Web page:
Born in small-town Ontario, Kathleen A. Tucker published her first book at the age of six with the help of her elementary school librarian and a box of crayons. She is a voracious reader and the furthest thing from a genre-snob, loving everything from High Fantasy to Chick Lit. Her latest book, One Tiny Lie, has just been released.
It is difficult to pinpoint five books that have influenced my writing, but I would choose these five books (or series):
A Game of Thrones (A Song of Ice and Fire Series) by George R.R. Martin
An epic fantasy about a family who is thrown into the centre of a kingdom’s political battles. Full of adventure, mystery, magic, romance, and emotion, Martin creates a complex world of characters that you love to hate, hate to love, and just plain love, as becomes evident with each unexpected death. These characters are full of flaws and strengths, and they evolve as you flip the pages, taking an already enthralling twist of plotlines to a whole new level. Martin proves how invaluable solid characters are to a story.
Anne of Green Gables by Lucy Maud Montgomery
A story about a socially awkward red-haired orphan who mistakenly ends up living with an elderly brother and sister on a farm in Prince Edward Island. Readers follow Anne as she develops friendships, crushes, and finds what she has always wished for: the love of a family. The setting—a peaceful, slow-paced Canadian province—plays a significant factor in my adoration for the story, and I only realised that after I began questioning what the story would be like had it been set somewhere else in the world.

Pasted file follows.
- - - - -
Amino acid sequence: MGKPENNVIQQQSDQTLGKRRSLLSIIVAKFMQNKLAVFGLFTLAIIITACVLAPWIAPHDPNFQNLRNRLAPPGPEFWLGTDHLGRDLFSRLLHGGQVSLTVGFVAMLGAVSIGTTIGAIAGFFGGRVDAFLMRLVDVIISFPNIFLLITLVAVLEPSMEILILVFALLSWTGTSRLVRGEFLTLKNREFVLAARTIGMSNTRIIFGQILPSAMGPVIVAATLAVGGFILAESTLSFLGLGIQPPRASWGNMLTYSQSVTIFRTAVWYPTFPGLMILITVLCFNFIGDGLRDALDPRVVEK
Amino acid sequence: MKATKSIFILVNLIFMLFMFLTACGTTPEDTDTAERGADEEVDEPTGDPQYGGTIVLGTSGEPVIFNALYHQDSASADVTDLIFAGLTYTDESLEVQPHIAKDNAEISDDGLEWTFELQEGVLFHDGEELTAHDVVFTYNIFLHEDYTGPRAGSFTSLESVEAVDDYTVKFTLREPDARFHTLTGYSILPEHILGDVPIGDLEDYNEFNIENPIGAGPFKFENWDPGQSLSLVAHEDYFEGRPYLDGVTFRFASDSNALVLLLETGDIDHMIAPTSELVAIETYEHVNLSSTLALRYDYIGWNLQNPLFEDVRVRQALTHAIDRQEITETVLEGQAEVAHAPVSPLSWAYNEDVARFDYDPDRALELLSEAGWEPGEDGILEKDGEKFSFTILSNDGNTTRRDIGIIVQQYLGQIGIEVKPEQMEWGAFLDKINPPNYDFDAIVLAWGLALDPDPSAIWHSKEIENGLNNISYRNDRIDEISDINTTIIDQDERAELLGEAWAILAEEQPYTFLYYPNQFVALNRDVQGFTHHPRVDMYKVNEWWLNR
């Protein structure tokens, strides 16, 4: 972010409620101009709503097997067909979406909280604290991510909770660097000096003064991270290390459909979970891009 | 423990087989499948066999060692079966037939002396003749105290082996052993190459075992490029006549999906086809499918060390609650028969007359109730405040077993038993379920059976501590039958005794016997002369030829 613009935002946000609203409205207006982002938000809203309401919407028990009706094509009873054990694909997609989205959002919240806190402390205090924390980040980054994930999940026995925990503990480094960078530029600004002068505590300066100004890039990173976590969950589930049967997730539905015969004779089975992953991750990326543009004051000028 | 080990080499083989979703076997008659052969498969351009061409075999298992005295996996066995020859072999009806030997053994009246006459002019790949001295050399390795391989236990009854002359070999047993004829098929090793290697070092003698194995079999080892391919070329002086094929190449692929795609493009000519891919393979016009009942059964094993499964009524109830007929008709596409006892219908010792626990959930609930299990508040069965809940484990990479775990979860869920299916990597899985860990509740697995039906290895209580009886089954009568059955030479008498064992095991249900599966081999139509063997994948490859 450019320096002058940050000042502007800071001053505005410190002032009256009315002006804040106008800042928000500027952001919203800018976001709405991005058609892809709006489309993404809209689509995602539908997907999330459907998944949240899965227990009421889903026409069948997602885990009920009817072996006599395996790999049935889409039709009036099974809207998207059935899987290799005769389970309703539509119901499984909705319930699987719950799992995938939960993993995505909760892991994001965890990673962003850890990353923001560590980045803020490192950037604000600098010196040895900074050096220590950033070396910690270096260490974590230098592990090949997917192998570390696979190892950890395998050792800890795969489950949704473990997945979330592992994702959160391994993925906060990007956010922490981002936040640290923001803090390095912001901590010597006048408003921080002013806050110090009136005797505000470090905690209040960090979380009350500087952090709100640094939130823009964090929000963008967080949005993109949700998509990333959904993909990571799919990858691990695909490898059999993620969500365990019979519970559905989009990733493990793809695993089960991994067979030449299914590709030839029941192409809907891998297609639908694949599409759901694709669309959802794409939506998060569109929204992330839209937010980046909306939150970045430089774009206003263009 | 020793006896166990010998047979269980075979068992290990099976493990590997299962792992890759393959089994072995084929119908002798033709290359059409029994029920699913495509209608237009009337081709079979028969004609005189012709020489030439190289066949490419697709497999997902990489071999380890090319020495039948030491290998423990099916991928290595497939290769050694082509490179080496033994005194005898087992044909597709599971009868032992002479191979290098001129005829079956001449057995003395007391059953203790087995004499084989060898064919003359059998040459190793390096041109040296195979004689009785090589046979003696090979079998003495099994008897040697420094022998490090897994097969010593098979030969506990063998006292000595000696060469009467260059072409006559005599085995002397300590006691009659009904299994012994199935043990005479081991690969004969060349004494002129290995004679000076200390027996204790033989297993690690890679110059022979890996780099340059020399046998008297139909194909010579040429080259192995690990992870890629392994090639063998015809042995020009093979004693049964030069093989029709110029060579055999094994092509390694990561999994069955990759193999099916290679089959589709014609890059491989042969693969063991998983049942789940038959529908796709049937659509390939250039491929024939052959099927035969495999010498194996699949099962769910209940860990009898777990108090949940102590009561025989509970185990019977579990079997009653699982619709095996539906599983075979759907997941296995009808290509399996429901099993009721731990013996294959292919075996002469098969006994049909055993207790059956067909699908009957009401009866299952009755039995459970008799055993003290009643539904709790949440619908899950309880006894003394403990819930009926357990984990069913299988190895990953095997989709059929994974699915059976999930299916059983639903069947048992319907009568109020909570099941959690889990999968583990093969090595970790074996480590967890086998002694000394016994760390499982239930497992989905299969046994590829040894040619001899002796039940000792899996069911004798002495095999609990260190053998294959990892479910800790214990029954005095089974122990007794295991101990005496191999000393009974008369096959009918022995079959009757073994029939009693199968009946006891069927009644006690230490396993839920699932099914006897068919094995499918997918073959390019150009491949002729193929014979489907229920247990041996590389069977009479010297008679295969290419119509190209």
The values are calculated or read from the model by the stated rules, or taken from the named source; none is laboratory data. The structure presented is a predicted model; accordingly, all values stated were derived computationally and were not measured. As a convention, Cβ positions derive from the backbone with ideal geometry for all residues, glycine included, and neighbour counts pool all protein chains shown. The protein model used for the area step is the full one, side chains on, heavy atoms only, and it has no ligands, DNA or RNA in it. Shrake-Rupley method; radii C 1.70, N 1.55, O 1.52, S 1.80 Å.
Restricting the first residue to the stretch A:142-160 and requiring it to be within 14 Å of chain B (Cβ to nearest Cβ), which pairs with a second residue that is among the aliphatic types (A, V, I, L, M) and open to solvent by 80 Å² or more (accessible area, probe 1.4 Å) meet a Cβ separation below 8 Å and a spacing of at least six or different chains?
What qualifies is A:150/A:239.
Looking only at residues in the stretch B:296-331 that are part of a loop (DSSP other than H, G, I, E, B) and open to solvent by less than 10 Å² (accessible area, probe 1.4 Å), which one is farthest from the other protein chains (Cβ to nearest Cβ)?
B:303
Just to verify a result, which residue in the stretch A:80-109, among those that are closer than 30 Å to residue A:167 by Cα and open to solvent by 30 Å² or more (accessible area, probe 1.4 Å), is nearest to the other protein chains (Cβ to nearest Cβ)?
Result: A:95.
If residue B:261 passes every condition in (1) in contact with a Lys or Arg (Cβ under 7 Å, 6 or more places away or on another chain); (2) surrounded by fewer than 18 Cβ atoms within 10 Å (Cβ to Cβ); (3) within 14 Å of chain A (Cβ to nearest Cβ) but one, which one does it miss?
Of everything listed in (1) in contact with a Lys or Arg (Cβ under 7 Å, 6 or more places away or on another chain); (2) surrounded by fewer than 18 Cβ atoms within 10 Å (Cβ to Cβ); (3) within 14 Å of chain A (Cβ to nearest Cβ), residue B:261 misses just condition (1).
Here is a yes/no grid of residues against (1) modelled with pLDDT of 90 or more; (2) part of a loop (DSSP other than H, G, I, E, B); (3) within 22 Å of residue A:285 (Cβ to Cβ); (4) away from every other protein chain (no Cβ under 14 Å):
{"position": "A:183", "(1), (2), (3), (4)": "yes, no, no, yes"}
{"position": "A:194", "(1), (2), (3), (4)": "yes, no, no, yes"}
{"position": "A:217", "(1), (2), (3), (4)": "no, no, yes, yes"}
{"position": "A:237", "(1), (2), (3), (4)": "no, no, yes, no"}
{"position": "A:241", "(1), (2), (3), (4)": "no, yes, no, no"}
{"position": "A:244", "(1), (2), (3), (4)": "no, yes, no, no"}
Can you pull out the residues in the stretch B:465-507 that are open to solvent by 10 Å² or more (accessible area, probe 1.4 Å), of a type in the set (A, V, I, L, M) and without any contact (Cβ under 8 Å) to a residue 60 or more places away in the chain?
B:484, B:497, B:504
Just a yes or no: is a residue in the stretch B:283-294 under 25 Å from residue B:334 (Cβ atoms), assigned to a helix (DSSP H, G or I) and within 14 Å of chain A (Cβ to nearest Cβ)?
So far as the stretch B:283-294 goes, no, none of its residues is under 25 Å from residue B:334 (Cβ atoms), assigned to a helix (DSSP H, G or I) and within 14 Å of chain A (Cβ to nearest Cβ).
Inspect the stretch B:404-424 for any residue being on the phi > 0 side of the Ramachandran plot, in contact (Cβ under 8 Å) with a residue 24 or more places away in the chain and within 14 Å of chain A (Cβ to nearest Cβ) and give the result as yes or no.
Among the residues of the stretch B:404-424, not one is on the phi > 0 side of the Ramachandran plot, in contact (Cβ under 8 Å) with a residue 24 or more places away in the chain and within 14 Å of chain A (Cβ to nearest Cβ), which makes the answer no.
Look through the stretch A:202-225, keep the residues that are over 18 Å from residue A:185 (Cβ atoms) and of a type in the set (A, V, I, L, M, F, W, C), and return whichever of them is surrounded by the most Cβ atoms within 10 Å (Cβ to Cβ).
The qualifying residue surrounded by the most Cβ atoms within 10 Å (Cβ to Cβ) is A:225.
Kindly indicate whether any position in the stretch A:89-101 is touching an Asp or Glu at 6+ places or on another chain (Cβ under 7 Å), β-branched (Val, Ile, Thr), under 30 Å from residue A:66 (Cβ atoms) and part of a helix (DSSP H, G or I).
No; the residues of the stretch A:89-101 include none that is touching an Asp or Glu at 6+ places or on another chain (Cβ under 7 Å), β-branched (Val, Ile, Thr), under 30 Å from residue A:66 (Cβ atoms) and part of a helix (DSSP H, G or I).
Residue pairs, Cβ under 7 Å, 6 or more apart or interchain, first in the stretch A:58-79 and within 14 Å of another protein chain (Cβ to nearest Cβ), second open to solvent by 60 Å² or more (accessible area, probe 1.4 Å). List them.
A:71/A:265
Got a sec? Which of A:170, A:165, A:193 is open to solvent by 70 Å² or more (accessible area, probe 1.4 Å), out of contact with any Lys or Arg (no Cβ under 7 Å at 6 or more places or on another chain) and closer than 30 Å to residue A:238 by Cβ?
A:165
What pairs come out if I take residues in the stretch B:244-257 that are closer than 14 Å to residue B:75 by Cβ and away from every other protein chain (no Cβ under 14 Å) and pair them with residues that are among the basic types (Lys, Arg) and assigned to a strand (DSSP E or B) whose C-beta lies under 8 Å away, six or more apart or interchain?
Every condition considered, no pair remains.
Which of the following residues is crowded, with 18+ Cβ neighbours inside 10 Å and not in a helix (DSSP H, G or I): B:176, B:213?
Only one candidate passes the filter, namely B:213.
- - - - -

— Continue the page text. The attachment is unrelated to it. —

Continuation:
Easy by Tammara Webber
This book takes the very serious topic of rape and parlays it into a story about survival and love in a college setting. Easy is the first “New Adult” book that I read. Before this, I had been on a long fantasy/dystopian/paranormal kick, preferring the thrill of the love stories and adventurous tales to everyday life. But Webber pulled me into her “real world” story, reminding me that I could spin an epic story that people would want to read, dealing with the kinds of topics we all face in our own worlds.
Delirium by Lauren Oliver
In this dystopian book (a trilogy), love has been deemed a disease and people are “cured” of it at the age of eighteen. Lena is all set to go for her treatment, not wanting to suffer from the horrific pain of love, only before it happens…she falls in love. Aside from falling in love with the gorgeous writing style, this book helped me see how you can truly push boundaries with your plot without the presence of magic and fantastical creatures. The very concept is simple and yet outrageous.
Sins & Needles (The Artists Trilogy) by Karina Halle
Ellie Watt is a con artist, running from her violent ex-boyfriend and trying to change her ways. Unfortunately, she isn’t very successful on either front. What I found most gripping about this series is that Ellie is a true anti-heroine. I had a hard time identifying her redeeming qualities and yet I still found myself rooting for her, waiting for her to make a good decision while she consistently makes bad ones. The main character truly tests the reader’s patience and yet it works.
This week we are reading Gone Girl by Gillian Flynn, a dark and disturbing story full of power plays and manipulation.On August 7, 2012
90 years after Winnie the Pooh was first published a new book celebrates another 90th birthday.On May 30, 2016
Lucie Whitehouse was born in Gloucestershire in 1975. She read Classics at Oxford University and now lives in Brooklyn, New York. She is the author of The House at Midnight,...On May 10, 2016
By Sophia WhitfieldOn November 16, 2016
By Sophia WhitfieldOn October 22, 2012
By Sophia WhitfieldOn August 18, 2017